An Update On Mark to Market Accounting

In criticizing the Treasury Deptarment’s Bank rescue plan, Paul Krugman, on his blog, expresses the same fear I do if there is a “run on the bank.”  While he is not discussing mark to market in particular, the implication is clear:  unless creditors know what a bank’s assets would be worth now, in a forced sale, their assets will not be safe.

Mr. Krugman writes:

“Start with the question: how do banks fail? A bank, broadly defined, is any institution that borrows short and lends long. Like any leveraged investor, a bank can fail if it has made bad investments — if the value of its assets falls below the value of its liabilities, bye bye bank.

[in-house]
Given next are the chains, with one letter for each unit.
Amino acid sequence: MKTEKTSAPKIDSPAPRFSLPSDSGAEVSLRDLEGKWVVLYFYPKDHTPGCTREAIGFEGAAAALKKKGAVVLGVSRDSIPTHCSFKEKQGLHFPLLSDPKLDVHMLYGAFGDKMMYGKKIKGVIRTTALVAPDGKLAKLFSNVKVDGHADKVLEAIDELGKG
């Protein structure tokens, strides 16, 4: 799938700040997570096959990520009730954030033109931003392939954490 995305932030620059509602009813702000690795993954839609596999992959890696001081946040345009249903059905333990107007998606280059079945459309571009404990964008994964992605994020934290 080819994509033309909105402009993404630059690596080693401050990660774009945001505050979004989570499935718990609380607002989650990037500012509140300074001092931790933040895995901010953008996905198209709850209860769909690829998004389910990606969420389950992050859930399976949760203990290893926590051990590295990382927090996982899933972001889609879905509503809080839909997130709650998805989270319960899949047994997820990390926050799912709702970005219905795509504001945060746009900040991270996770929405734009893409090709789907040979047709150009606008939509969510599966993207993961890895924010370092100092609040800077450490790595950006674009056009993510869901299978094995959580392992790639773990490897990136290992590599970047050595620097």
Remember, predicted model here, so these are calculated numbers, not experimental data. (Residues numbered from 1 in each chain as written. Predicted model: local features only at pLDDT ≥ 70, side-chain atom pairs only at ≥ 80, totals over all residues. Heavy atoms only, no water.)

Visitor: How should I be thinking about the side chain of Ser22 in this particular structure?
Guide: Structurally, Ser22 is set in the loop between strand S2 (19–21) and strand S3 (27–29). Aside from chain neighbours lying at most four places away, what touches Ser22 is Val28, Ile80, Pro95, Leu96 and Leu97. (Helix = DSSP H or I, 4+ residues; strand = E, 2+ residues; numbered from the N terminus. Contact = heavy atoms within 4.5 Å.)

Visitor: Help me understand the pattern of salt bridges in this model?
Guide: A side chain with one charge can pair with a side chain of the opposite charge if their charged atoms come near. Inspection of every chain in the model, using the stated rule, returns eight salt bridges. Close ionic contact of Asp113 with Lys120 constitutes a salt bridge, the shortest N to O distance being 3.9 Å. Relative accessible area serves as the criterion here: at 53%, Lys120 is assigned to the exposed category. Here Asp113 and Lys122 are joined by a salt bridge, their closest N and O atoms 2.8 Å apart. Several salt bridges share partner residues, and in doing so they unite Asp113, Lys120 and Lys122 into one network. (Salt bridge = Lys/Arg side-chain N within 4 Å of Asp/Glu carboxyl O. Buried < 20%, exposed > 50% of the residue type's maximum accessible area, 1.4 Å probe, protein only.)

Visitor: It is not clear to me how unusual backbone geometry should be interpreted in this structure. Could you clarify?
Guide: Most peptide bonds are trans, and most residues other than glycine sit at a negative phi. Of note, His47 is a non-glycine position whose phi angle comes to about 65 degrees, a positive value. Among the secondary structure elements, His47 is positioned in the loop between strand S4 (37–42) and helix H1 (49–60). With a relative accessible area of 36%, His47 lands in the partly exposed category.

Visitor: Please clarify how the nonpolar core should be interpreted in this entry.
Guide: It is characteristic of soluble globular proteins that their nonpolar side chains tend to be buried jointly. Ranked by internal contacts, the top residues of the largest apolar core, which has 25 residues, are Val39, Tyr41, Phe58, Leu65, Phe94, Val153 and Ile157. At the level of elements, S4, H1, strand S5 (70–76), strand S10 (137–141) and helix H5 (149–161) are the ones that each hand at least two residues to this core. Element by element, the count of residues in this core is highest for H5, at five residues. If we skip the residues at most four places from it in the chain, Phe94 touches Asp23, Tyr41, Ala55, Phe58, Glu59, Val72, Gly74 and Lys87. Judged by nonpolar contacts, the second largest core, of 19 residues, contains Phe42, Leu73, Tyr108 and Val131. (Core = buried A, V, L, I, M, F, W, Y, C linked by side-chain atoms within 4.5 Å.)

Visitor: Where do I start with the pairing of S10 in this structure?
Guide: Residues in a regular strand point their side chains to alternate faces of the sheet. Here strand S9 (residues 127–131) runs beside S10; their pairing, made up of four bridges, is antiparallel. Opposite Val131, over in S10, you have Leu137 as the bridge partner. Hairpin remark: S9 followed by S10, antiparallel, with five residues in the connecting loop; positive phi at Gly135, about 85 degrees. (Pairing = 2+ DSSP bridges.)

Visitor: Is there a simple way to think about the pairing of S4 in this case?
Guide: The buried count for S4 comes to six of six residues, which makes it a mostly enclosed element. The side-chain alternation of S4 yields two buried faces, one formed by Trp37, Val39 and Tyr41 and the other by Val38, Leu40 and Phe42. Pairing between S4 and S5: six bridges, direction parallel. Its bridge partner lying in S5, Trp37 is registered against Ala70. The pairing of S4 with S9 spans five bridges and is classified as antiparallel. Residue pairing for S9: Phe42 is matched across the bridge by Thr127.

But banks can also fail even if they haven’t been bad investors: if, for some reason, many of those they’ve borrowed from (e.g., but not only, depositors) demand their money back at once, the bank can be forced to sell assets at fire sale prices, so that assets that would have been worth more than liabilities in normal conditions end up not being enough to cover the bank’s debts.”


Advertisements

Tags: ,

Leave a Reply

Fill in your details below or click an icon to log in:

WordPress.com Logo

You are commenting using your WordPress.com account. Log Out / Change )

Twitter picture

You are commenting using your Twitter account. Log Out / Change )

Facebook photo

You are commenting using your Facebook account. Log Out / Change )

Google+ photo

You are commenting using your Google+ account. Log Out / Change )

Connecting to %s


%d bloggers like this: